In his role, the engineer needs to communicate this change to all necessary personnel. The SOP could be saved locally on each computer, in a shared file, on SharePoint, or as a link within a program that has versioning so users can go back and see what changes were made and when. To alert others of the changes, an email can be sent out to supervisors to communicate to their shift, or if a digital notebook is available, a message can be sent to the necessary areas with a link to the newly updated SOP.

As mentioned above, engineers can be responsible for writing and maintaining SOPs. SOPs can be stored in binders in the control room, saved on control room computers, or a shared folder. There are also programs that can save versions of documents so users can see what changed and when. Operators and lab techs would then use the SOPs when performing a task or testing. It is important for operators to be notified of changes made to the SOP. This could be the engineer sending out an email, or a program with a preset list sending updates to emails. Engineers could also have a notification set up on the operator’s computer.

The Plant Manager

The Plant Manager’s Role in Digital Transformation

Plant managers wear many hats and the hats they wear continue to multiply as plants face complexities and pressure to produce more with increased profitability.

Hiring good people – the key to running a digital forward organization is staffing with people in mind. Good, productive people run plants with data, not hunches or best guesses. They make data driven decisions that are the best for the organization and identify root causes through careful anomaly detection and analysis.

Good leaders know that to truly digitize operations at a plant you must start from the bottom and that every role is an important component to the whole and every person’s contribution important.

Ron Baldus, CTO at dataPARC, advises “Clean data” is the key to successful digital operations. What exactly does clean data mean, one might ask? Clean data is the pure data, data-driven data, not hunch-driven data and the one version of the truth. With clean data plant managers and those who work for them can continue to make data and profit driven decisions. A good data visualization software that connects all data sources is a good place to start. With this connected software, extensive reports pulling on many data sources can be run to give the plant manager a key report with important information visible. If there is a problem in the operations, this reporting can allow the plant manager to identify the problem and task his engineers and operators with getting to the source and making the necessary adjustments, all based on fact and not best guesses.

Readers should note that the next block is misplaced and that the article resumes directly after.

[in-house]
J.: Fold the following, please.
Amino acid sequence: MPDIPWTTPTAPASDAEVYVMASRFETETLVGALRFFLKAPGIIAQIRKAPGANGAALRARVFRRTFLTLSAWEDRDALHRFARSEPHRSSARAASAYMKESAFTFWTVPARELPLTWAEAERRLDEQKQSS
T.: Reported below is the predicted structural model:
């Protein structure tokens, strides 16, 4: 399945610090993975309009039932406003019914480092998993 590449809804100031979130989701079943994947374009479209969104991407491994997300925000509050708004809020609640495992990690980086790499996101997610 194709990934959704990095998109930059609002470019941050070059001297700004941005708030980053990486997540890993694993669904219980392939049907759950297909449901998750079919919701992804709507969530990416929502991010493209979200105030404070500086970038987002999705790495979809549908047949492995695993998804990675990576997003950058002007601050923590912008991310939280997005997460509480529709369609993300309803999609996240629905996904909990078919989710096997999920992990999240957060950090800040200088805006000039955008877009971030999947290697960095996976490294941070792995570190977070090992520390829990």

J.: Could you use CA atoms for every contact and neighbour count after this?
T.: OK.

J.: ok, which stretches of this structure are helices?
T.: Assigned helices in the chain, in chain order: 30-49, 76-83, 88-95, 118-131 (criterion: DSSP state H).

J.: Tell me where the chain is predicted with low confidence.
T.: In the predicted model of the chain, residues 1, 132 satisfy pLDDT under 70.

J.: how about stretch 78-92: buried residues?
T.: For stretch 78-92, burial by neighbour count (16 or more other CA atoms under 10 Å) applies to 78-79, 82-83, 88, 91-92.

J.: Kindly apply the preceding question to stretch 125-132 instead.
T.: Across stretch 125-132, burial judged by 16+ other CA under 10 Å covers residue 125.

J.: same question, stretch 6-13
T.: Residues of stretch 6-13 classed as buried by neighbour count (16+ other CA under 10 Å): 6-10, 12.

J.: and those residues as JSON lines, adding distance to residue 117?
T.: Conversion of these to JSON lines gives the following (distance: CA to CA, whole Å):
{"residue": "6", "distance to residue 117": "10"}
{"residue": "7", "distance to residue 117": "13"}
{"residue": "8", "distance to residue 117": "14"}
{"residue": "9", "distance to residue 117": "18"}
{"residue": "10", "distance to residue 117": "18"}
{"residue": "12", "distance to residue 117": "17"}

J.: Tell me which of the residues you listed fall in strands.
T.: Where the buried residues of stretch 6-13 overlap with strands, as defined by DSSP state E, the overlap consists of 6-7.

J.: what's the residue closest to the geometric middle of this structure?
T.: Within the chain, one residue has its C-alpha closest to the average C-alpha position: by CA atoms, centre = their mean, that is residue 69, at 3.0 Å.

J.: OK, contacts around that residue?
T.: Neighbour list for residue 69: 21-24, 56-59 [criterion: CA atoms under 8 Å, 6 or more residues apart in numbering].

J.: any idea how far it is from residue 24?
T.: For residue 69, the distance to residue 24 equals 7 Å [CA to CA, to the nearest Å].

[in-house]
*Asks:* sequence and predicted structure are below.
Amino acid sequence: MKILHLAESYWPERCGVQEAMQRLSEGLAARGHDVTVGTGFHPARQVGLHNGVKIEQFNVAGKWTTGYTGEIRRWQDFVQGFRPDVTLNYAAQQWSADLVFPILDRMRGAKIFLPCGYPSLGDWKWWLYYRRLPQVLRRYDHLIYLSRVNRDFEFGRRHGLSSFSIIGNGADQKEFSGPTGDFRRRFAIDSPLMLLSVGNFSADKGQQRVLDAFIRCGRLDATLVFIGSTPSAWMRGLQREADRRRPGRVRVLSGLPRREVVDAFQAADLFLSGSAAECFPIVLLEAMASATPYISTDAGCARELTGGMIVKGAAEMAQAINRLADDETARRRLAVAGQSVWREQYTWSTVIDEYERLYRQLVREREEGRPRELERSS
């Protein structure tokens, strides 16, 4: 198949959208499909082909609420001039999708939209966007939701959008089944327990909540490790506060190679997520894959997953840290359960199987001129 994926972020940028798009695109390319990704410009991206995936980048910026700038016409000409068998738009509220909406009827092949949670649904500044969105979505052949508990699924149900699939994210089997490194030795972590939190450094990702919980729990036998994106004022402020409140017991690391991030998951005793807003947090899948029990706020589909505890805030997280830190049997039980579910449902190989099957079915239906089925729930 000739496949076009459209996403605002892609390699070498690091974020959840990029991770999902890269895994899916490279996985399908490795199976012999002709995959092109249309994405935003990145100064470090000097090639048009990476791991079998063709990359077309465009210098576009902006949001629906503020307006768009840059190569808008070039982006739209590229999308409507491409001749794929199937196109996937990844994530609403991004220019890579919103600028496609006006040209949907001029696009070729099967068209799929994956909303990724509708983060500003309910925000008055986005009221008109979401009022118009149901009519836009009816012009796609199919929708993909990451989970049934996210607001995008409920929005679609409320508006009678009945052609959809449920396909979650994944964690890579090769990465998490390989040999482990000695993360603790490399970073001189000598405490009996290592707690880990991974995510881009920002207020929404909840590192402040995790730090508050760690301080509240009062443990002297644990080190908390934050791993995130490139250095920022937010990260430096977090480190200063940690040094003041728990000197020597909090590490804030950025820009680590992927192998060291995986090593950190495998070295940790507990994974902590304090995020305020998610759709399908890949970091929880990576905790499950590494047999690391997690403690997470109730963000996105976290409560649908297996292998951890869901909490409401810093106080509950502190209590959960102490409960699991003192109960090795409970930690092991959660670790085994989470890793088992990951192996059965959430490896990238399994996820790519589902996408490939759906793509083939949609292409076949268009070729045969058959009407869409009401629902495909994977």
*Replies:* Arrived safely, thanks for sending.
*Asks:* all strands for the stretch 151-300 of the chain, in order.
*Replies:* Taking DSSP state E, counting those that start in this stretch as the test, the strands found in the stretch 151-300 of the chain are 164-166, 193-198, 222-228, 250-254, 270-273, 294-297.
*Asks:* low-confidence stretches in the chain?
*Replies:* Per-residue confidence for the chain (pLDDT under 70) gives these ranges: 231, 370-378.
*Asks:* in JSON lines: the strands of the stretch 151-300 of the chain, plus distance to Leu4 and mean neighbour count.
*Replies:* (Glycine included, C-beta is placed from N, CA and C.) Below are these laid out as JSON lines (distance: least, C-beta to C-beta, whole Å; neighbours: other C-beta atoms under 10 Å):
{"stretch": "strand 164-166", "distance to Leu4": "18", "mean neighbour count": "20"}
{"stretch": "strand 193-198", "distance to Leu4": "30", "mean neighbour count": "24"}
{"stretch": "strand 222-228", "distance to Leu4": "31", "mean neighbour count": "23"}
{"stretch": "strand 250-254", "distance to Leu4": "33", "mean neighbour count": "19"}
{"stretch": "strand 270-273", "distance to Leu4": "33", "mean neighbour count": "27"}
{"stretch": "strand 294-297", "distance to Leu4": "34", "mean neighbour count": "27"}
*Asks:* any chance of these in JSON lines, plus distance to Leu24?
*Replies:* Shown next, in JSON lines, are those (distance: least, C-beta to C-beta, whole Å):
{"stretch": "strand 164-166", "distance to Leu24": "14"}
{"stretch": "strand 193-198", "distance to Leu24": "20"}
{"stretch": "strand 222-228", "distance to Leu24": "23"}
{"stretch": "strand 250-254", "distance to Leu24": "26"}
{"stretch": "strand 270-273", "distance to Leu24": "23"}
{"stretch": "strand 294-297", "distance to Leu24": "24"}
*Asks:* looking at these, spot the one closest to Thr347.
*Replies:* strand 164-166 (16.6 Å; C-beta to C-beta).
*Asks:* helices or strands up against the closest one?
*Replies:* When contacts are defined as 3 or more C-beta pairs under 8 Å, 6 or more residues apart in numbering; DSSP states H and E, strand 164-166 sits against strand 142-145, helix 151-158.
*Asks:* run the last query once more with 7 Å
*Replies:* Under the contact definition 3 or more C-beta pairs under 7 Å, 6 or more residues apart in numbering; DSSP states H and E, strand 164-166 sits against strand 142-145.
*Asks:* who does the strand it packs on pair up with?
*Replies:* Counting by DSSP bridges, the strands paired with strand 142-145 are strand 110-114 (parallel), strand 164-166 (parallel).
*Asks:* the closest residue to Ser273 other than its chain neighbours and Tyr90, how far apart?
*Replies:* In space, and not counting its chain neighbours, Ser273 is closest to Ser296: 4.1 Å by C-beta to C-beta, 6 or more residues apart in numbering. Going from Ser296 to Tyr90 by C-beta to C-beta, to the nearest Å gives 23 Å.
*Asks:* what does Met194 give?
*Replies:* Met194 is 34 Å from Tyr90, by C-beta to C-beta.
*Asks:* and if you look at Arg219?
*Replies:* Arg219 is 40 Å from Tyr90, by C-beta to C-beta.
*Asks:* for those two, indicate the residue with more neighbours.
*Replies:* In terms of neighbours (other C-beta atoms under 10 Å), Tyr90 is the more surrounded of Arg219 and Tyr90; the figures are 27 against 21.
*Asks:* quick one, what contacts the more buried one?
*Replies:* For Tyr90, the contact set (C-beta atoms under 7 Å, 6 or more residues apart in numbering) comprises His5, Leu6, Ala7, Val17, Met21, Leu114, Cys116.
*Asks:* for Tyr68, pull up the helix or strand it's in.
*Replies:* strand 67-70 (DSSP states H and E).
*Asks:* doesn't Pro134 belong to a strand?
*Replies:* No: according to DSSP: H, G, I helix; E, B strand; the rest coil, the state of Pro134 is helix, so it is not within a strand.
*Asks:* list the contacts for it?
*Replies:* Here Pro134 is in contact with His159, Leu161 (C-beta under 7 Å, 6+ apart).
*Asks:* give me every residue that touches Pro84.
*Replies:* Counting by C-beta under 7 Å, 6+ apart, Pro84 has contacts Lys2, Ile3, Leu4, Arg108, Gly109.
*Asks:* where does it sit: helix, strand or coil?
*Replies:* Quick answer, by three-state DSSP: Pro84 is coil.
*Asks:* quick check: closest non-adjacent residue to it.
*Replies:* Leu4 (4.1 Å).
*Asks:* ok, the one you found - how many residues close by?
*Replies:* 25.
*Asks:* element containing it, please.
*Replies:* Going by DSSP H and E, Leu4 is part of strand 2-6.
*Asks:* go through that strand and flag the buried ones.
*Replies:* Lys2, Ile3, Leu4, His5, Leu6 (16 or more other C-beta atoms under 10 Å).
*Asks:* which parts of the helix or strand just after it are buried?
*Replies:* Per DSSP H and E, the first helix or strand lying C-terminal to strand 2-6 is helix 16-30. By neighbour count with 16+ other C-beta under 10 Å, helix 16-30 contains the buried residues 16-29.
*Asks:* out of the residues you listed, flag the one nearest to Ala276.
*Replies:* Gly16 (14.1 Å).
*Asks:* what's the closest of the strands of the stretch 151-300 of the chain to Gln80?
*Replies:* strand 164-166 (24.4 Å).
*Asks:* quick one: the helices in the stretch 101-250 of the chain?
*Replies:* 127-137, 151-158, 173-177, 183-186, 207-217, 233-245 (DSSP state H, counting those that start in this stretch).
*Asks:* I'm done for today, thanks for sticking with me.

Plant managers know that there are many important moving parts to a plant operation and getting reliable data is the lifeblood of a successful, profitable operation. The more digital the plant becomes, the cleaner data flows to all departments and roles and allows troubleshooting, reporting, and forecasting to be more and more seamless.

Another advantage to digitization at the plant manager level is transferring of skill, information, and expertise at the subject matter expert SME level. Many SMEs are getting close to retirement and in them a wealth of information, experience and methodology that is at risk of being lost. Through the digitization of reports and operations, the methods can be preserved and passed on to the next person assuming the role and responsibility, whether it an operator or an engineer or other essential role.

Looking Forward

Whether it is the operator, the engineer, the lab tech or the plant manager, all digital transformation roles and responsibilities in manufacturing contribute to the transformation of the plant. From the bottom up with effective communication and consistent data, downtime can be minimized, golden runs more common and seamless operations a daily reality.

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Data Visualization, Historian Data, Process Manufacturing, Troubleshooting & Analysis

Integrating manufacturing data in a plant is necessary for many reasons. Among the most important is getting relevant data to various departments quickly. In doing so, downtime is reduced, anomalies are identified and corrected, and quality is improved.

So often integrations are delayed due to fears around losing data quality during integration or simply finding the time in a 24/7 environment. There are pros and cons to each integration type. In this article we will walk you through the different integrations and what to look out for as well as tips and best practices.

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Integrating Historian & ERP Data

Enterprise Resource Planning (ERP) is software used by accounting, procurement, and other groups to track orders, supply chain logistics and accounting data. By adding historian data, ERP systems have a fuller picture of the comprehensive plant operations.

combining erp and historian data on a trend

Integrating your historian and ERP data can provide great insight into which processes are affecting quality.

ERP users have access to more information about finished goods such as the exact time of any major production step or if there were an issue with production. For instance, if the texture of newsprint is slippery and not up to spec and because of that cannot be cut properly on the news producer’s rollers, the specific lot can be identified and the challenge of finding out which lot produced poor quality paper is no longer a roadblock.

In a nutshell, The Historian to ERP integration means departments outside of production get all the data they need without engaging another resource. The challenges include a time -consuming integration where erroneous values can have a wide-ranging impact, so double-checking values is essential.

Integrating Historian & MES Data